In part 1 of this article, we are going to go deep into what the term disassociation is and why it’s such an important concept for rotational athletes such as golfers to understand, and a skill they need to be able to perform.
You Must Know What Your Sport Requires!
Every golfer knows that golf is a sport that requires rotational power. And training for rotation power requires that you truly understand the concept of disassociation. Yet, of the hundreds of golfers I’ve worked with over the years none have said they’ve been introduced to the concept of disassociation in their lessons.
What Is Disassociation?
As it relates to golf and other rotational sports, disassociation can be defined as the separation of one body segment from another in the transverse plane (the imaginary plane that divides the body into superior and inferior parts, or upper and lower half).
The Perfect Backswing Sequence
“The first move in the backswing we call the golf swing takeaway. For many golfers-learning to get a great backswing takeaway feeling can transform the overall look and simplicity of your golf swing.”__ Danny Maude, Golf Pro
In rotational sports such as golf, there is a loading phase and an unloading phase. For golfers, the loading phase begins when the hands move the club away from the target line on its way to the top of the backswing. In order to do this effectively, the athlete needs to move their upper body over a relatively fixed lower body. This stretches out what is anatomically known as the Anterior Oblique Sling.
This is the same way a quarterback throws a football and a boxer prepares to throw a right cross. The trail arm is moving away from the lead leg/hip. In other words, the upper body and lower body are separating or disassociating themselves from one another.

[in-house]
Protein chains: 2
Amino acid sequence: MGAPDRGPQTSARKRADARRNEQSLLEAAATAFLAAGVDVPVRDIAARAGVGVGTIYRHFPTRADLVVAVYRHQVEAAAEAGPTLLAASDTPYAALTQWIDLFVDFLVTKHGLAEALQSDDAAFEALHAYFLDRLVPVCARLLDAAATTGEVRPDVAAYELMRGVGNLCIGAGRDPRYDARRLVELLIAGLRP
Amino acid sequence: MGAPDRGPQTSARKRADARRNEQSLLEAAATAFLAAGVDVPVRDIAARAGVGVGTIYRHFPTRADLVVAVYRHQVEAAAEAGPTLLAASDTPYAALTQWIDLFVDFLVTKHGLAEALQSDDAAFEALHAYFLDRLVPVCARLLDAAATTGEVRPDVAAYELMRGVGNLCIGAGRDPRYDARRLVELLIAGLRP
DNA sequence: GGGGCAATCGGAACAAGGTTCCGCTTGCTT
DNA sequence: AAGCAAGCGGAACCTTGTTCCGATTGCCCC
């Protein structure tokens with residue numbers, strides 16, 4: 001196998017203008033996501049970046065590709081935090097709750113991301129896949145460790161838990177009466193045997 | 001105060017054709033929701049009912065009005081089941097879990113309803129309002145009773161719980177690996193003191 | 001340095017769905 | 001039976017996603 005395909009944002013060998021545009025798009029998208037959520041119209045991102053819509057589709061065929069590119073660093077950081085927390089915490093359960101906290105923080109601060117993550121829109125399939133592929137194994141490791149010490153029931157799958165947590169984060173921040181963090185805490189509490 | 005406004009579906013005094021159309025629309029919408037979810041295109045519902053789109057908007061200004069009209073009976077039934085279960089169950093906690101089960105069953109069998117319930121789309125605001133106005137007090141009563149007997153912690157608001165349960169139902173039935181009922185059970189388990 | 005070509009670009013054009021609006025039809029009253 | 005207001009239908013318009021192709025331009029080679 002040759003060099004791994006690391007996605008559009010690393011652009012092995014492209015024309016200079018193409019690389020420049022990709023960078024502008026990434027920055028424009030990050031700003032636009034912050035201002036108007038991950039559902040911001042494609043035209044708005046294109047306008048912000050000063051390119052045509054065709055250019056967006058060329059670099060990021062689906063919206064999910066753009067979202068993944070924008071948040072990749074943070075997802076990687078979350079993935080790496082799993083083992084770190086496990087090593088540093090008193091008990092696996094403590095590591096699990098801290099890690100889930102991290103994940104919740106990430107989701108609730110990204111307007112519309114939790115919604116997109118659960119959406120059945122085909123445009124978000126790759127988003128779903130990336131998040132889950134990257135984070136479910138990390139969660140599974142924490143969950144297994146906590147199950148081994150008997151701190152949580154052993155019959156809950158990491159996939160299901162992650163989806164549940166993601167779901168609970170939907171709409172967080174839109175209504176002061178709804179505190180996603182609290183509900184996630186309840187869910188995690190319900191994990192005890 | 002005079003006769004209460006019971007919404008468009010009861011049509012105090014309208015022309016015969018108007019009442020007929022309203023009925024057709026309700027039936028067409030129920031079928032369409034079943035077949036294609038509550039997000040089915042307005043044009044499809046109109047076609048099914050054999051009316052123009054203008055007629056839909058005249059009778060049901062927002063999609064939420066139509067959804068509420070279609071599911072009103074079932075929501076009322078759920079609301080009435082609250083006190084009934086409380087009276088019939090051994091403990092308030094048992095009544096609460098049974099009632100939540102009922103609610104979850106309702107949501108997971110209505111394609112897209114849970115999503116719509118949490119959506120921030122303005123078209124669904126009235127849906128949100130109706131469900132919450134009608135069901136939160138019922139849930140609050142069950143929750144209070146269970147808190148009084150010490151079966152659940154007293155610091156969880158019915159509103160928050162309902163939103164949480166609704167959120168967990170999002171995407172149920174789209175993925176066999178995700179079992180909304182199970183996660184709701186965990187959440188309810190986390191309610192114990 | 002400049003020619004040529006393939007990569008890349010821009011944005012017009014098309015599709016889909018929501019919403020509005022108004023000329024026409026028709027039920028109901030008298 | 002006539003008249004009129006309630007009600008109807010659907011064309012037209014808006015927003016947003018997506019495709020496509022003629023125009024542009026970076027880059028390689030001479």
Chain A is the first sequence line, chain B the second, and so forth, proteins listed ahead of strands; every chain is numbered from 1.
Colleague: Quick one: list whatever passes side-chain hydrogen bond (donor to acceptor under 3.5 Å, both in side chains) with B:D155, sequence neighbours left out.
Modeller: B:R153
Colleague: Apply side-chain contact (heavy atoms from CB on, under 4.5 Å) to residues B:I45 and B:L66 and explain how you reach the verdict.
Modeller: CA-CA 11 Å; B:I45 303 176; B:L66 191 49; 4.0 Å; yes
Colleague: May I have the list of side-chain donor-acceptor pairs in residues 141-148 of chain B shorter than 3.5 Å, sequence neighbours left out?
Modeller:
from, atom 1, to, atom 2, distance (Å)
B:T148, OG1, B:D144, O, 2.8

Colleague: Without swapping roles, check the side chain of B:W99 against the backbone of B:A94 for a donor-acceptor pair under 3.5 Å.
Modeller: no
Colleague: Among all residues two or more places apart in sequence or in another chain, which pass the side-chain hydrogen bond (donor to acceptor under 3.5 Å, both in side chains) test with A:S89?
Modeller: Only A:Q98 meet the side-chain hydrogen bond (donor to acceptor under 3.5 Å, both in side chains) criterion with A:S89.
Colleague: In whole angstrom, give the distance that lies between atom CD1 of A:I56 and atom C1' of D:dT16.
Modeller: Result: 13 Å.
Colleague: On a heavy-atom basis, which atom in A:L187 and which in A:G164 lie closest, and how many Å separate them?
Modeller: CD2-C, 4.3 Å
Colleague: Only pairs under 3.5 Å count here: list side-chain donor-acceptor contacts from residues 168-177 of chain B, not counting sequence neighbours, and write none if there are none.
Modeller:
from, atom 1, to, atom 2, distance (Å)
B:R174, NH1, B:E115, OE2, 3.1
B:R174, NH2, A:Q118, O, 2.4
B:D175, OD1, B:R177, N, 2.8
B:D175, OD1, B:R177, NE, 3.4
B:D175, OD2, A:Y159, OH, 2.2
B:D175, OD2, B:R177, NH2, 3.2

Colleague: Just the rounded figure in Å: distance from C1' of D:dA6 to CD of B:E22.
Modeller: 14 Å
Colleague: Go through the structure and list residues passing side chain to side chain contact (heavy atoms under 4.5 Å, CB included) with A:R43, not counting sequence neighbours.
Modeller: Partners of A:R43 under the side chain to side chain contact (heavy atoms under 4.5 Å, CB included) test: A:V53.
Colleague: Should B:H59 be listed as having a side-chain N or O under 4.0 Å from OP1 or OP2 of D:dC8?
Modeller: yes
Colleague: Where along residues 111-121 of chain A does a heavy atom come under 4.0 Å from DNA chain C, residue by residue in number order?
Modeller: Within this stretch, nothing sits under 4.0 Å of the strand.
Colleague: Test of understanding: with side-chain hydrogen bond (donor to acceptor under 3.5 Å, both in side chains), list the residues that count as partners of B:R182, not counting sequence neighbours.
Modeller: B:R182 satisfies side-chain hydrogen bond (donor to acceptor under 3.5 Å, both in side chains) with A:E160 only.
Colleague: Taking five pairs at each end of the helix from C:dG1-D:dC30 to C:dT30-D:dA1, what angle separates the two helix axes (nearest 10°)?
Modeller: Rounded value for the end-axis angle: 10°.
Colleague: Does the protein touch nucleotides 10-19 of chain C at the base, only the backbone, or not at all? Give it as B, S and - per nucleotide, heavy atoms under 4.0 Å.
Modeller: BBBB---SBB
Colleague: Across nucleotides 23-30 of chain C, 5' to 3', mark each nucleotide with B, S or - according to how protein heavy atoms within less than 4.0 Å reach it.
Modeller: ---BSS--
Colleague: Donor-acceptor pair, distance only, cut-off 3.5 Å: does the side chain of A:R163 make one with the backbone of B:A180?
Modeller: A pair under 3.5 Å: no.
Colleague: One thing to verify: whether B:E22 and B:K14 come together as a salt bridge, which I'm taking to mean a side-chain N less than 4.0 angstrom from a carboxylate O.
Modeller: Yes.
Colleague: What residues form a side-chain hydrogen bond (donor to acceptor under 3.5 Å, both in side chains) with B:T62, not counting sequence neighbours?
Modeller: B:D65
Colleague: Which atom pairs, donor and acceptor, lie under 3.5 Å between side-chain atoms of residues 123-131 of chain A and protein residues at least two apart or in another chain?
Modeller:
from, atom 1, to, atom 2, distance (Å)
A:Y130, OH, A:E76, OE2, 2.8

When you move your hands away from the target while keeping your lead arm parallel with the ground you are able to store elastic energy in your lead hip and torso because your spine is rotating around the fixed axis of your trail hip. This allows your torso to work in concert with your hips to generate greater club-head speed, in a more efficient and fluid manner.
Think Of It This Way…..
Think of a bow and arrow. In order to make the arrow go far and fast and to hit your desired target you must first stabilize the bow with your lead arm and pull the string back as far as you can with your trail arm. In order to pull the string back as far as you can you must have good posture, balance, strength, and muscular elasticity in order to keep one part of your body secure and stable while stretching out the opposing segment. One half of your body remains stable while the other is moving (mobile). This is what allows you to generate power and is a perfect example of how stability and mobility work together.
In a proper golf backswing, the upper body going in one direction while the lower body is going in the other direction, which puts incredible amounts of tensile load on the tissues that cross from the lead hip to the trail shoulder. In order to get “wound up” to release enough kinetic energy for a powerful golf swing it is essential that the upper body leads in the backswing over a relatively fixed lower body.
END OF PART 1